The Center for Civic Design’s Field Guides to Ensuring Voter Intent are bite-sized booklets with guidelines on how to improve the design of election materials. The guides cover topics like designing usable ballots, effective poll worker materials, guiding voters through the polling place, and designing election department websites.
The Center for Civic Design also offers research, projects, knowledge sharing, trainings, and advocacy to ensure voter intent and make elections better. Check out case studies on how it has worked with local governments to improve the design of voter registration forms, election ballots, tax bills, and more.
Federal Voting Assistance Program (FVAP)
The Federal Voting Assistance Program (FVAP) is all about ensuring that overseas citizens, and service members and their eligible family are aware of their right to vote from anywhere in the world—and gives them the tools and resources to do so.
FVAP provides everything needed to boost the voter engagement of eligible voters based outside the U.S. These tools include lots of outreach materials such as videos, fact sheets, a press release template, a Facebook-ready video, posters, a website widget, and ads for print, television, and radio.
National Voter Registration Day
National Voter Registration Day is so much more than just a day for registering people to vote—though it does that remarkably well, with 129,851 people registered nationwide in 2015. Long before the day itself, thousands of organizations mass a coordinated nonpartisan effort to mobilize volunteers, educate eligible voters, and celebrate our voting rights, all to make sure no one is left out of the democratic process. Celebrities and everyday people can also take part in this special day that’s part social movement, part holiday.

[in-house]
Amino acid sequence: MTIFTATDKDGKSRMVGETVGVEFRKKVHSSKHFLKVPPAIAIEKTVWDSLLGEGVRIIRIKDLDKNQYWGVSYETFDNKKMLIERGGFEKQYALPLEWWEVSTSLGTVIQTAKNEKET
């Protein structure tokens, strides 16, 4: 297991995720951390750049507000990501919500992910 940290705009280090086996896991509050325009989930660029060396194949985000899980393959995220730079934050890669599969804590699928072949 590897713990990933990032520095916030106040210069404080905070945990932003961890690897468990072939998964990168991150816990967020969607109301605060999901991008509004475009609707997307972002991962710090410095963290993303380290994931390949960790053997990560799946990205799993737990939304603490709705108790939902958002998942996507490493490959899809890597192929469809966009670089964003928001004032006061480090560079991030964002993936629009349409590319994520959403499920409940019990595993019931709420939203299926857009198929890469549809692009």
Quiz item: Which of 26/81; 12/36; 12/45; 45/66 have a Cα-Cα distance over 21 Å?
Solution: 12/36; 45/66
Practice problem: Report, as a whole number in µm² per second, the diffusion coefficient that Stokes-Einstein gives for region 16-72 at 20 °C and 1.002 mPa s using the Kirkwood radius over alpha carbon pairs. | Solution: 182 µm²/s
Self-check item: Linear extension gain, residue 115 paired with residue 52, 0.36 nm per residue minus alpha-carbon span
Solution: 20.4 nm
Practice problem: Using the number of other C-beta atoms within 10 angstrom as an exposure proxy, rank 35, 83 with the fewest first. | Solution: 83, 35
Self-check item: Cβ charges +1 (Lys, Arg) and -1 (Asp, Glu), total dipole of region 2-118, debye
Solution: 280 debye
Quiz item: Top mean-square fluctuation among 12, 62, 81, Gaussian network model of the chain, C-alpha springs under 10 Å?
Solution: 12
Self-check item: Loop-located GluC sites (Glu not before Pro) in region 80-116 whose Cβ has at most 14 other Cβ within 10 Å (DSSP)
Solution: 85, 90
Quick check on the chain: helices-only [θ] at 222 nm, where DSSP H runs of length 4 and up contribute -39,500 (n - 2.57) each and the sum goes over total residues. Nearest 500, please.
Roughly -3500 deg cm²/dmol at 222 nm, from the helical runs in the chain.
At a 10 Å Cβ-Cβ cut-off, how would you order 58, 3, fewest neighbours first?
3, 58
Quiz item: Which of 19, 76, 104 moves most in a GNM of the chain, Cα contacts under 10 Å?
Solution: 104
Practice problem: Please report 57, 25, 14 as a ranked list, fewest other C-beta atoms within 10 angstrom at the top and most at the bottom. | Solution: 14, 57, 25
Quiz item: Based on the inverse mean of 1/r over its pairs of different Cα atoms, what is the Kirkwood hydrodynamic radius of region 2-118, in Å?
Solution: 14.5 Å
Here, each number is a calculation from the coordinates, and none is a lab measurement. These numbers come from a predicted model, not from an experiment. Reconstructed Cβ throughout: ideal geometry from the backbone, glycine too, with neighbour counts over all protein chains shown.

Anyone can help raise awareness using handy National Voter Registration Day resources like social media profile images, pre-written tweets, and a customizable email. Organizations can also sign up as National Voter Registration Day partner. This year, National Voter Registration Day is on September 27, 2016.
Language as a tool
A small shift in the language your agency or organization uses can get more people to register and then vote on Election Day. Christopher Bryan, a researcher at Stanford University, found that simply changing your voter engagement messaging so that it calls on people to “be a voter” creates significantly higher voter turnout than saying they should “vote.”
The theory behind why this works is that telling people to vote burdens them with something to do, with all the negative associations and excuse-making of a chore. Whereas helping them to see themselves as a voter reinforces their positive self-image and appeals to the better person they aspire to be. Other research explores a variety of effective messaging techniques like emphasizing high expected voter turnout when talking to infrequent voters, helping people plan the details of their plans for voting, and good old peer pressure and personal obligation.
What are your favorite voter engagement tools that can help government agencies and community organizations boost voter turnout? Share your favorites (non-partisan ones, please) in the comments.
Lauren Girardin is a marketing and communications consultant, writer, and speaker based in San Francisco. She helps organizations engage their communities and tell their stories. Her website is laurengirardin.com and you can connect with her on Twitter at @girardinl.